FOREIGN business chambers said they remain confident about attracting investment to the Philippines despite its poor performance in a global education survey.
The Program for International Student Assessment (PISA) ranking of 79 countries had the Philippines with the lowest mean score in reading comprehension and the second-lowest in science and math.
“I still believe strongly in the talent pool in the Philippines,” British Chamber of Commerce Philippines (BCCP) Executive Director Chris Nelson said in a phone interview Thursday.
He said British investors are attracted to the Philippines’ English-language fluency and ability to learn.
“Filipino workers are adept — they are taking training from companies that come in. Even if there is a gap, that can be adjusted. The workforce is still an attraction to British investors and companies.”
Joint Foreign Chambers of Commerce of the Philippines (JFC) Senior Adviser John Forbes said in a mobile phone message that the survey should not have an adverse effect on foreign investment in the Philippines.
“The economies with higher test scores in the survey are more developed and spend more on education. In fact, the Philippines spend less per student than all 78 other economies in the survey,” he said.
“By spending more on education to improve the quality of teaching, the score of Filipino 9th graders in this test in the future should improve.”
Mr. Nelson of BCCP sees the low educational ranking as an opportunity for the Philippines and the United Kingdom to pursue educational partnerships, suggesting that the UK should bring in satellite schools.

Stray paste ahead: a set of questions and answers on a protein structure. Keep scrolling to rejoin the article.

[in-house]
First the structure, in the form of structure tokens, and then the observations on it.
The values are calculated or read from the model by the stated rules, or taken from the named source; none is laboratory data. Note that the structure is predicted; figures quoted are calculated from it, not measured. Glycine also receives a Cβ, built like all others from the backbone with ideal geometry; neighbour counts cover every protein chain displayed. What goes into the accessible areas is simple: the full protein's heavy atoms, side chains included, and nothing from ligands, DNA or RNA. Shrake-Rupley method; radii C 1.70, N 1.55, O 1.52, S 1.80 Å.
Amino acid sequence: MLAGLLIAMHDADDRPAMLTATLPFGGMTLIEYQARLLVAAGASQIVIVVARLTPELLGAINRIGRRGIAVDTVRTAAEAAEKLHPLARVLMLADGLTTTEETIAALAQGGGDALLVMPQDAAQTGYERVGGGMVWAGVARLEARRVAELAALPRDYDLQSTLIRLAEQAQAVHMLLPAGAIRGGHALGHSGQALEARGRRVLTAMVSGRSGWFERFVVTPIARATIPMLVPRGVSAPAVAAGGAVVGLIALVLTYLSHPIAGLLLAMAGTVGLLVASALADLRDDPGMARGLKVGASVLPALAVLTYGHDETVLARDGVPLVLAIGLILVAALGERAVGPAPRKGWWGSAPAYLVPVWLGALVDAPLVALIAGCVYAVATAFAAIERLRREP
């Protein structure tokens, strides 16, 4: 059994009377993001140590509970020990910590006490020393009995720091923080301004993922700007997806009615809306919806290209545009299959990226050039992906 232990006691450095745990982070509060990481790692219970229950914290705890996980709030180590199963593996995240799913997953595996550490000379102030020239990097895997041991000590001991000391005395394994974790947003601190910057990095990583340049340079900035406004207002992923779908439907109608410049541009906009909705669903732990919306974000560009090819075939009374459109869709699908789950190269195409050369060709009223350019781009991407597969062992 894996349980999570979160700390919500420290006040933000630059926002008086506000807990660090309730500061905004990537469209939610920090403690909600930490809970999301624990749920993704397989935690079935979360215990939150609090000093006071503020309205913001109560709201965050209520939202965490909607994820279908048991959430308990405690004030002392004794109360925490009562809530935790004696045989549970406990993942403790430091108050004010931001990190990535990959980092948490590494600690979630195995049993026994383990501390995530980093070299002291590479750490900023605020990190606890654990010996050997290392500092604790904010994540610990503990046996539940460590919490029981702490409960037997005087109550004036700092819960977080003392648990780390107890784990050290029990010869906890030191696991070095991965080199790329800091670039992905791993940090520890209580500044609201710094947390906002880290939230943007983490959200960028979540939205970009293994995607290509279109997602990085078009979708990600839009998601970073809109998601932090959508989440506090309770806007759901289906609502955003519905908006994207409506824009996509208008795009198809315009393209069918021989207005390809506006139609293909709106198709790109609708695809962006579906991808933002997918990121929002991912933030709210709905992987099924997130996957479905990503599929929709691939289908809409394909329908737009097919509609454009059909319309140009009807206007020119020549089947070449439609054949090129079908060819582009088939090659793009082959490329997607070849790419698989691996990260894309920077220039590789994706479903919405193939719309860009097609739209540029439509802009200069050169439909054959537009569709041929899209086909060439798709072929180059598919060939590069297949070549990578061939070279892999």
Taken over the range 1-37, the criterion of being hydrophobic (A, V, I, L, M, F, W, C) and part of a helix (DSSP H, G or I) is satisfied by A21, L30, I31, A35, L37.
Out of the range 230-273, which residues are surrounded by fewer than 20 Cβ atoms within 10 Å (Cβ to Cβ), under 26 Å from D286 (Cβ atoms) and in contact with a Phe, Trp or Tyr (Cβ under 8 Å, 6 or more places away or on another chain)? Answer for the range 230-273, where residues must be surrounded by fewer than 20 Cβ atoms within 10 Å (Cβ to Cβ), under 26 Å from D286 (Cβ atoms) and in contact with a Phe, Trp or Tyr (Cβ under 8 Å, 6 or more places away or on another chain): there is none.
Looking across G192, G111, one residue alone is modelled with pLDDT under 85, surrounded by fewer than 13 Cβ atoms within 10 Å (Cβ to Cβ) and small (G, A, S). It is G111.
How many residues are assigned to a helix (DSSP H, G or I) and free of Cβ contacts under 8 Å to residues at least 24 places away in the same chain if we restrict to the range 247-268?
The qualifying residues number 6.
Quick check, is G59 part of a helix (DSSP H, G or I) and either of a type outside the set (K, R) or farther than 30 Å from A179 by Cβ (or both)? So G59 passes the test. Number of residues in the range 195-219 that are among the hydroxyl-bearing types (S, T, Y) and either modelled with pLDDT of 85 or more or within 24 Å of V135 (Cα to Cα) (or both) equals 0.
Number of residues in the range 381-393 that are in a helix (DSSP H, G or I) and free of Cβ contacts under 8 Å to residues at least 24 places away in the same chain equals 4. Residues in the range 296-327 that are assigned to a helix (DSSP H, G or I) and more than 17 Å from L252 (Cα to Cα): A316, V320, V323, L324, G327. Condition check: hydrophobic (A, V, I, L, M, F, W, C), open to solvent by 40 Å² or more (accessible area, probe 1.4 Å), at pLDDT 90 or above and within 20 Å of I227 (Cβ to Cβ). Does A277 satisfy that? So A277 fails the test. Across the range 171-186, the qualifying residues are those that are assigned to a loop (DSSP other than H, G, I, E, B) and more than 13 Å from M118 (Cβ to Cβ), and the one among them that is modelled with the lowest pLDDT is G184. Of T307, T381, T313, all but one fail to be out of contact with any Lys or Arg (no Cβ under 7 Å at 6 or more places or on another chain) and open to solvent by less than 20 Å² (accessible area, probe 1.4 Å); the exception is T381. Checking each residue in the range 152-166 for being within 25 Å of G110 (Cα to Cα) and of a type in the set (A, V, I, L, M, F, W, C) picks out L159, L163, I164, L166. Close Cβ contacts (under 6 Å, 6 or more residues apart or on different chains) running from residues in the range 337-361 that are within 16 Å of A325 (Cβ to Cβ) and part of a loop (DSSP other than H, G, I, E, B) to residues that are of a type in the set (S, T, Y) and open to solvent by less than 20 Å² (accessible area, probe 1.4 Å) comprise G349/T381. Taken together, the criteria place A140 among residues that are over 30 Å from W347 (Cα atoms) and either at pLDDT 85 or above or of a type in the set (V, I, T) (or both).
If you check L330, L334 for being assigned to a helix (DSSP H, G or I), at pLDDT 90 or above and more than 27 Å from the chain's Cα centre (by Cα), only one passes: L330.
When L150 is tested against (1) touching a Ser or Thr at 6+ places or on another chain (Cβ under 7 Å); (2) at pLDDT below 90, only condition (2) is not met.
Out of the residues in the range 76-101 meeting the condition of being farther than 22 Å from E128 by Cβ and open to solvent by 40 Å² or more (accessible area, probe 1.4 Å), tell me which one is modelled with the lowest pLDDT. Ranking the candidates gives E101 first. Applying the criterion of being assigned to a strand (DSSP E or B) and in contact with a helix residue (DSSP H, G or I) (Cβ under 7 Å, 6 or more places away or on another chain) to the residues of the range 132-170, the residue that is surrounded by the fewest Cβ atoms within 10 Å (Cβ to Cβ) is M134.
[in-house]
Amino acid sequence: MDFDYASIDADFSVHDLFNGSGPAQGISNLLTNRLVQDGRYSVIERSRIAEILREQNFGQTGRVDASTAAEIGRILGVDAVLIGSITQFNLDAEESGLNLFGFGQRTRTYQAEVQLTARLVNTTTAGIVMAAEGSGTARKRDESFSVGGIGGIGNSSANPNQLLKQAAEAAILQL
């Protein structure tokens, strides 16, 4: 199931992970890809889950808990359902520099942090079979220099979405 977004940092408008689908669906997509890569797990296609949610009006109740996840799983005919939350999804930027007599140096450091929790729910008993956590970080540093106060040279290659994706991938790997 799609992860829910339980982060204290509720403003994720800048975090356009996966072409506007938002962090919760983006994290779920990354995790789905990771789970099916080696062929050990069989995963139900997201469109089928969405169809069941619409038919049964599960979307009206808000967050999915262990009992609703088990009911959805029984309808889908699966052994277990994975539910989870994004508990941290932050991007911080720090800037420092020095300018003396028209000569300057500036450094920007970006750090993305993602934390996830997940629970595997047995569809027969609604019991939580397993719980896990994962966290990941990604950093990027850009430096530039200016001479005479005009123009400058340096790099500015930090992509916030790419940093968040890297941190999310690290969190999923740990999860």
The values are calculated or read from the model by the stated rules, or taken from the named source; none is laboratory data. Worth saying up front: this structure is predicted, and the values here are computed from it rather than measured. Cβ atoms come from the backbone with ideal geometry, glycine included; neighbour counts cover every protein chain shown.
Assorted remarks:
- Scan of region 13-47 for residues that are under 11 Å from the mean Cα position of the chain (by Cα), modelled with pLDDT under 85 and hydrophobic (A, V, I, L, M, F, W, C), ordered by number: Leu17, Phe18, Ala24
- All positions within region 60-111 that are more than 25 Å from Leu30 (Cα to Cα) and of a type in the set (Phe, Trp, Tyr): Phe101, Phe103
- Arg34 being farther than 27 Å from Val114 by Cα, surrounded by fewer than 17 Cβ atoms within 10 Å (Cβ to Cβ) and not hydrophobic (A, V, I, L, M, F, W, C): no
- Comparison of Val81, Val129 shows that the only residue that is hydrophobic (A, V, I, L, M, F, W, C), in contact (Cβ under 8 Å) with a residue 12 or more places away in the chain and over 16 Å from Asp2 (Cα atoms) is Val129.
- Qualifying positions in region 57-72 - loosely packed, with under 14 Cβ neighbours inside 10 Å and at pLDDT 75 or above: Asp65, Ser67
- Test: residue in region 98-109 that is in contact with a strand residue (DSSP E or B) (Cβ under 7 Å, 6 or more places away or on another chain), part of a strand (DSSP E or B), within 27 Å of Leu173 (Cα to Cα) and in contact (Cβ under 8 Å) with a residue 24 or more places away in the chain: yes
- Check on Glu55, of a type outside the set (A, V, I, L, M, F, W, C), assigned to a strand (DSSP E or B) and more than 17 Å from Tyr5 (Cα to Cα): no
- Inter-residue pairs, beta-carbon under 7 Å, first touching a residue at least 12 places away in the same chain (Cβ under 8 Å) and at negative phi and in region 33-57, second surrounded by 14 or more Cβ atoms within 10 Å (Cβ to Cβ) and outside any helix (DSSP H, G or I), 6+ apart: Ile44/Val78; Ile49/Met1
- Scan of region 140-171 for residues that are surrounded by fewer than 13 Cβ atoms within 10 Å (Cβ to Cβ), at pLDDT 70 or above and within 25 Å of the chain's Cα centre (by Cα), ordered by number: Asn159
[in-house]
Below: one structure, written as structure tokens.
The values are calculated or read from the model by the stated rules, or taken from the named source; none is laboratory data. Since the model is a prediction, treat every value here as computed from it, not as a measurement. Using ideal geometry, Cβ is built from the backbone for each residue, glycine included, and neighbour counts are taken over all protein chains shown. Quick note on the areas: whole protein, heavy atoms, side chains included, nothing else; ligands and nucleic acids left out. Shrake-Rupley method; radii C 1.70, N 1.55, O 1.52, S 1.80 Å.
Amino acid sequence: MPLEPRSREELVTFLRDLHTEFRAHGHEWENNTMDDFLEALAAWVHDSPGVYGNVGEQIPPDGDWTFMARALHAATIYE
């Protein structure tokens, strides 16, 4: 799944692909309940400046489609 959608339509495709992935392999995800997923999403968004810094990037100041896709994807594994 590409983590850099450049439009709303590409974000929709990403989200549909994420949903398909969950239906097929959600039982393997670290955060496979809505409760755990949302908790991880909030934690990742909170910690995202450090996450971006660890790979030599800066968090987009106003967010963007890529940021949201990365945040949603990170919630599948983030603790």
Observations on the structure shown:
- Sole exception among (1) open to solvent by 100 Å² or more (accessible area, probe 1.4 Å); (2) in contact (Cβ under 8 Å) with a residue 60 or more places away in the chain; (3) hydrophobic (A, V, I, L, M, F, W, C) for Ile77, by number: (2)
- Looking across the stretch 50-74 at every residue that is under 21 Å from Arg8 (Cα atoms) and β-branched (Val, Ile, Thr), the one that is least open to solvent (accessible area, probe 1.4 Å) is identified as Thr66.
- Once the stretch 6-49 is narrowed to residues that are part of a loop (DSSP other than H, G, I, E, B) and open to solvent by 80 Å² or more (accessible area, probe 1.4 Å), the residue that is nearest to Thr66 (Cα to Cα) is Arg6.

“There’s a tremendous amount of interest in the Philippines from educational institutions from the UK — universities who would like to see more Filipino students or to have local partnerships up and offering the program here.”
British investors in the Philippines, he said, are typically in the retail and construction industries. He said that the construction industry will always need project management and construction management skills.
The European Chamber of Commerce of the Philippines (ECCP), according to its president Nabil Francis, said in a mobile message that it recognizes human capital as one of the country’s most important assets.
“In an increasingly competitive global environment, the need for equipping the future talent with the adequate and necessary skills sought after by industries becomes even more crucial,” he said.
“The results of the 2018 Programme for International Student Assessment examination serves as a wake up call for stakeholders to join hands and further improve the skills and capabilities of the country’s younger demographic.” — Jenina P. Ibañez